Student rates

Should you skip or keep paying your student loans during the federal break?

High school students in metro Atlanta and across the country are evaluating their final college options for the May 1 deadline.

However, for those who are already paying student loans, they are considering a different maturity.

We are talking about the moratorium on the repayment of student loans. Weeks after the Biden administration extended the deadline, economists are looking at how consumers should protect themselves as the August 31 deadline approaches.

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Channel 2’s Ashli ​​Lincoln reviewed reports from economists who question whether consumers should skip or make the payments.

This is the sixth extension since the start of the pandemic.

Olivia Mudd is one of millions of Americans who do a balancing act when budgeting for student loan repayment.

“Loans have been applied, so I’ll just say it’s a big number,” she said.

Mudd took loans not only for his own education, but also for his children.

“I have a law student, I myself have a master’s degree in counseling, and I have a student at Clark University in Atlanta,” she said.

She took advantage of the suspension of payments during the student loan moratoriums, but after President Biden announced the extension of the student loan moratorium until August, consumer experts said that if borrowers were able to pay, they should.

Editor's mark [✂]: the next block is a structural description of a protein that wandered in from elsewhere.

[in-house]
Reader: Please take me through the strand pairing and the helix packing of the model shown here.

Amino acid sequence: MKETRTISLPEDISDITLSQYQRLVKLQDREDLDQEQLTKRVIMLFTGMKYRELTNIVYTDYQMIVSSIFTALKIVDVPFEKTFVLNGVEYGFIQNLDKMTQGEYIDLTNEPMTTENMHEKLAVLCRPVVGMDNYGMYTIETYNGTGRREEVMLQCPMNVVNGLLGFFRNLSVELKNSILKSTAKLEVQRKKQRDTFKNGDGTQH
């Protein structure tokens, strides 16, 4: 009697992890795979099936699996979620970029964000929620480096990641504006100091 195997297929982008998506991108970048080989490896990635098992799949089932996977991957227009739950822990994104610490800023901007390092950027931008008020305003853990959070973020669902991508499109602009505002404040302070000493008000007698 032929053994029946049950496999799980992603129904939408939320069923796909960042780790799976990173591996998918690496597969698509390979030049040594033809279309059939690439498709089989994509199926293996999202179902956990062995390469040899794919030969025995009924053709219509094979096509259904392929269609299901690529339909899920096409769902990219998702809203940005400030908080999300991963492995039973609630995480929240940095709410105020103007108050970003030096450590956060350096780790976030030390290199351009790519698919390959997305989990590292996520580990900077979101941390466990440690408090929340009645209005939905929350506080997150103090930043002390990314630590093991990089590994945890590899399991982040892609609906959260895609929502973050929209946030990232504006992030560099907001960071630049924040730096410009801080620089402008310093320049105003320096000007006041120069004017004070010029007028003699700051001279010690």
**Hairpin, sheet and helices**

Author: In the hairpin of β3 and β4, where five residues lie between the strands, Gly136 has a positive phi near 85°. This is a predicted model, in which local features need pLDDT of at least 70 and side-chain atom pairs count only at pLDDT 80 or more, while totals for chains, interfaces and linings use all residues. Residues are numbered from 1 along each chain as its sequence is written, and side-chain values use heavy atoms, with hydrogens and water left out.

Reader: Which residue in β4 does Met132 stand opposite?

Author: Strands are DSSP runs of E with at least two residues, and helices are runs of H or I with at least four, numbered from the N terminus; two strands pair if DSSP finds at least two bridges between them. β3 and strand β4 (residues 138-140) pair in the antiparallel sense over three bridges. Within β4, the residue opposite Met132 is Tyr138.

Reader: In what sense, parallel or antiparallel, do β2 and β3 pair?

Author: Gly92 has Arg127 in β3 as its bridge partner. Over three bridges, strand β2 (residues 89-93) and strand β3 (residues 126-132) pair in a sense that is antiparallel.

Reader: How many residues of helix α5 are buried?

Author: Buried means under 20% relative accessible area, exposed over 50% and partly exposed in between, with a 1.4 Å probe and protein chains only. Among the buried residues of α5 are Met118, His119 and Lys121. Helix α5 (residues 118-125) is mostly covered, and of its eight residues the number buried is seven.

Consumer Advisor Clark Howard said borrowers should continue to repay loan debt during the payment break as long as it is interest-free, which means more money will flow towards the principal, leading to faster loan repayment.

“The balance you have will have no interest charges and you will automatically be considered on time,” he said.

The Washington Post reports that only 500,000 out of 43 million borrowers were still making payments a year after the freeze began in March 2020.

Economists said that during the moratoriums, many borrowers took out loans for high-priced items like mortgages or car purchases.

They said when payments resume on September 1, some people may find their budgets tight, especially with record inflation rates.

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“The days of working one job are over in some ways, so I think we really need to be more proactive when it comes to providing support and relief to people in need. and not just those who are able to pay their student loans to go to school,” Mudd said.

Borrowers can also prepare by putting money in an interest-bearing account. So when payments resume, they will have money set aside in preparation.